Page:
The couple asked their neighbors to help take the woman straight to the hospital. “She was unconscious, and everyone later asked why we didn’t strip off a few rings or necklaces before bringing her ashore.” Hinh said, laughing at the thought.

Her husband continued: “We knew nothing about CPR back then, but the woman survived. People say she tried to commit suicide out of jealousy.”

Chuc says he later learned how to revive drowning victims while watching programs on a small television the family bought ten years ago.

They say they've managed to foil hundreds of suicide attempts inspired by broken hearts, loneliness or financial struggles. People fell so frequently, the old couple developed their own suicide prevention protocol.

“She and I make a good team,” said Chuc. “I revive the victim and she talks them out of trying it again.”

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Hinh says she tries to keep her counseling sessions simple.

“I just describe what it’s really like to drown in the Saigon River. I tell them: ‘You’ll end up stuck in the stinking muck at the bottom — do you know how polluted it is nowadays? Oh, and the fish. They’ll just love nibbling away at your flesh until someone finds your body, usually long after your eyeballs and hair have already fallen out of your head.”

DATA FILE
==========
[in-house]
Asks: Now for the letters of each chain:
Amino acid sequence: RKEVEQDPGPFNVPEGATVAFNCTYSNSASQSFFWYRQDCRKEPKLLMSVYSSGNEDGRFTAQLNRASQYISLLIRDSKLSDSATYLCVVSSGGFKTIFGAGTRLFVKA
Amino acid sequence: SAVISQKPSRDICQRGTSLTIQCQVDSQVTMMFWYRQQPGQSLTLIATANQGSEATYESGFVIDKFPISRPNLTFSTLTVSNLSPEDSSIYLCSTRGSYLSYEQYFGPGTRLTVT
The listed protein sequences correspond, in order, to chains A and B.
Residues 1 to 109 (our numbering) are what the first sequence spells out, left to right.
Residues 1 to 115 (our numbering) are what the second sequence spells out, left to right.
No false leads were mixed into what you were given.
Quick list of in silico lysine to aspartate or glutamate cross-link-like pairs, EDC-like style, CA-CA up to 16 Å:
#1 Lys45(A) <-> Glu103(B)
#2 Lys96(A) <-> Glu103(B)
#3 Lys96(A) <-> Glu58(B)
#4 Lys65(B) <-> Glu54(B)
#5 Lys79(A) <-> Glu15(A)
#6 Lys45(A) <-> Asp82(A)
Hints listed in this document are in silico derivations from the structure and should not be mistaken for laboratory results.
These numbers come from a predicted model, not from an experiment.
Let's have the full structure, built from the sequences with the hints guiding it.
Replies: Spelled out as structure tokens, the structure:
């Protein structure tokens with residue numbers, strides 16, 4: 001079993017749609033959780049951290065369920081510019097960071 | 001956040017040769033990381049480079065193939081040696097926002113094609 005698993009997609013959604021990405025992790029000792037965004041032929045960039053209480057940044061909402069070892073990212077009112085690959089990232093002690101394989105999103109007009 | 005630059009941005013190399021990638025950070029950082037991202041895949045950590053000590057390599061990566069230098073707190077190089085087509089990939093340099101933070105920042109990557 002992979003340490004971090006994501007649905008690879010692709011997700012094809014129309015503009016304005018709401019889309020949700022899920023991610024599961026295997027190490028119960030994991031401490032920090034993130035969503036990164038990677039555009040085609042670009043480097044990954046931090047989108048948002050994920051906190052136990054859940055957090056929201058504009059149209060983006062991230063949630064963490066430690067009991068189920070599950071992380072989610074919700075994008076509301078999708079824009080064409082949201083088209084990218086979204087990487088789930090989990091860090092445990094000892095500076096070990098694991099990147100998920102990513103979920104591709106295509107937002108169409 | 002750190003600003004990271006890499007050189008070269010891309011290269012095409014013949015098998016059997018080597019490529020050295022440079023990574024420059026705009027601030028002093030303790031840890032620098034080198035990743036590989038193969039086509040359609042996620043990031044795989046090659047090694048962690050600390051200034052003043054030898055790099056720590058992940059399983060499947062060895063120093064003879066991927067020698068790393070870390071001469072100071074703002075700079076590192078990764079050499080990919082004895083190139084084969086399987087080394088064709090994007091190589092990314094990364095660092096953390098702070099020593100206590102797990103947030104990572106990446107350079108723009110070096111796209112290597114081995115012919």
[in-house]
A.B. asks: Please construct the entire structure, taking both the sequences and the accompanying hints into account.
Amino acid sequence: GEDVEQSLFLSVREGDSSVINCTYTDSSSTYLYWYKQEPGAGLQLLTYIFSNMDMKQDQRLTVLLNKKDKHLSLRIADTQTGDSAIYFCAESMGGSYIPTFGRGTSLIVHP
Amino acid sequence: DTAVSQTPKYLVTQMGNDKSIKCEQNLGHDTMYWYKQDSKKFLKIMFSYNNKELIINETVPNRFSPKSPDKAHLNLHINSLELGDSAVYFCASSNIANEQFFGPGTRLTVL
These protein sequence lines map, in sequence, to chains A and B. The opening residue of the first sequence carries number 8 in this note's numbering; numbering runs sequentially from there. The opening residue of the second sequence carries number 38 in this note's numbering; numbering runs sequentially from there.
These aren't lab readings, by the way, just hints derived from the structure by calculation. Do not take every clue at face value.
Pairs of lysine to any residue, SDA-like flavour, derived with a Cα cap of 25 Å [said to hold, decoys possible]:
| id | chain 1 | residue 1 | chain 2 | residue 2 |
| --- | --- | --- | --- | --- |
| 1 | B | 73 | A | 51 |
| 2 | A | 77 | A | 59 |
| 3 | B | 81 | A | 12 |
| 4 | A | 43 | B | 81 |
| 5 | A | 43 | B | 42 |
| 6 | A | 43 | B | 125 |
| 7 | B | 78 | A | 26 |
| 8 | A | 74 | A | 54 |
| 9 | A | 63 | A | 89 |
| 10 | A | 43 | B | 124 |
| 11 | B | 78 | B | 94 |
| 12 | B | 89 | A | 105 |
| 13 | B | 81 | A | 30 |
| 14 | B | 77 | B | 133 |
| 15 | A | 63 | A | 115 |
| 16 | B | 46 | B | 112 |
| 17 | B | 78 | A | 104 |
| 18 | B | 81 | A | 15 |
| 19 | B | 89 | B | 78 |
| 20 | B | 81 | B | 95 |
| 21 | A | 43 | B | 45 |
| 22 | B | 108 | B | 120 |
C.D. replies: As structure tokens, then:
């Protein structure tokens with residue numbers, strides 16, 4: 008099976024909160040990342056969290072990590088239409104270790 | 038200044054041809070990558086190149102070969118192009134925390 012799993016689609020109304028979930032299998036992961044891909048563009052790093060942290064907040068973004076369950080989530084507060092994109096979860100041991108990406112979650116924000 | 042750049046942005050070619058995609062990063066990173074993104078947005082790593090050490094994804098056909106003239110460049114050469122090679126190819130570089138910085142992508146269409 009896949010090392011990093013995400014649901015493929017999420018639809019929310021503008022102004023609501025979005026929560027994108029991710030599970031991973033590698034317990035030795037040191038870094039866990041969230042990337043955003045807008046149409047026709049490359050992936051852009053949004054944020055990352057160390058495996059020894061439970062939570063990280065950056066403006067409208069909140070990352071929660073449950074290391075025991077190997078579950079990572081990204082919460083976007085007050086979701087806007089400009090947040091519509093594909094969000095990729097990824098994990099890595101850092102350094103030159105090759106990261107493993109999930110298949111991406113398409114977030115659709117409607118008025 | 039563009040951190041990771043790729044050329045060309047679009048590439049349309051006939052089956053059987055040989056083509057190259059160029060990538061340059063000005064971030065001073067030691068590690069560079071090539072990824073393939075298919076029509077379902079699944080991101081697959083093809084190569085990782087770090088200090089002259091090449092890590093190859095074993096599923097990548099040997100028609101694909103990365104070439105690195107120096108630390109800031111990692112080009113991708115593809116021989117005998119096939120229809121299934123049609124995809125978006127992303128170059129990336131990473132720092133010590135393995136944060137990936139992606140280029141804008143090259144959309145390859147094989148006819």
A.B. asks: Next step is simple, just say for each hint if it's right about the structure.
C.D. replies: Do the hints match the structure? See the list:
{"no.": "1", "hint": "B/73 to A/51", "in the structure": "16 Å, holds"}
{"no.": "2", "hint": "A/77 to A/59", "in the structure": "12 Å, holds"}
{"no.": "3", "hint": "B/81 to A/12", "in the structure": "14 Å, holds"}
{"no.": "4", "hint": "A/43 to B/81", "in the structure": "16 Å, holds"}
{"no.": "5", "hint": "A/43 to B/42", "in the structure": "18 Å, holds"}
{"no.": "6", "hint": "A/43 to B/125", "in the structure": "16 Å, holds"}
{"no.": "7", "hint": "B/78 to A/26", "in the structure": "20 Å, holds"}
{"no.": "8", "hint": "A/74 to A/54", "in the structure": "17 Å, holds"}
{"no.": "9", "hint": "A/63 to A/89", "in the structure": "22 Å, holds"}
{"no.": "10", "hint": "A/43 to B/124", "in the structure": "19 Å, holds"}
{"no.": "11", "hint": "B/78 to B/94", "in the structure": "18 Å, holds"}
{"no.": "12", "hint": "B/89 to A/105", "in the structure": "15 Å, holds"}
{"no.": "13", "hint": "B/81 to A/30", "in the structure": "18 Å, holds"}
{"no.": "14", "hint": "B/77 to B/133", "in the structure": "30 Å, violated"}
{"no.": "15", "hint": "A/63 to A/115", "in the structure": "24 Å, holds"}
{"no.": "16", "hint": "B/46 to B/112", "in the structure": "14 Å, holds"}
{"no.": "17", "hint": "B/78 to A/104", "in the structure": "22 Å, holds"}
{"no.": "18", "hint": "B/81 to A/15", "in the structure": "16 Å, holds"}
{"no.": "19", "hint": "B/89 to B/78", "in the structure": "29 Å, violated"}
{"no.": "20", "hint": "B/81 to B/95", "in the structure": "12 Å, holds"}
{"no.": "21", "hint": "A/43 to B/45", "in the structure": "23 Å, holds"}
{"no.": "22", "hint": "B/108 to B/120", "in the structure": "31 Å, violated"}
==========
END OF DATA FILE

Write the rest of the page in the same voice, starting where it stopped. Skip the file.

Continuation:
Most of the survivors burst into tears and beg her to stop. But Hinh's not just waxing lyrical; she's only describing the roughly fifteen corpses they fish out of the river, every year.

“Since Tet, I’ve recovered eight of them,” he said with a sigh.

Ba Chuc said he saw his first body as a child, while rowing up the river with his fisherman father. “It was disgusting, of course. Then I got used to it. That’s what you find when you live on the river.”

His family gave him and his wife the first boat as a wedding gift when the couple moved out to live on their own.

From time to time, families hire Chuc to comb the river for a missing relative. Most of the time, neighbors call Chuc to fish out a body that never gets identified. In addition to their foul odor, many in Vietnam tend to shy away from dead bodies for fear that their spirits will possess anyone who draws near; Chuc has found his own way around that.

“I think the spirits understand that I’m only trying to help. Whenever I row close to a body, I pray: ‘Please let me help find you a grave to rest in.’ Then the stench vanishes and I can tie a rope around the corpse and pull it to shore.”

And then there's the Lord of the River.

Many who rely on Vietnam's rivers believe they fall under the control of a mythological deity called Lord of the River (Ha Ba). Humans and animals that drown in the river are viewed as sacrifices that should not be taken from Ha Ba. Anyone who dares to disobey, the legend goes, may pay with his own life.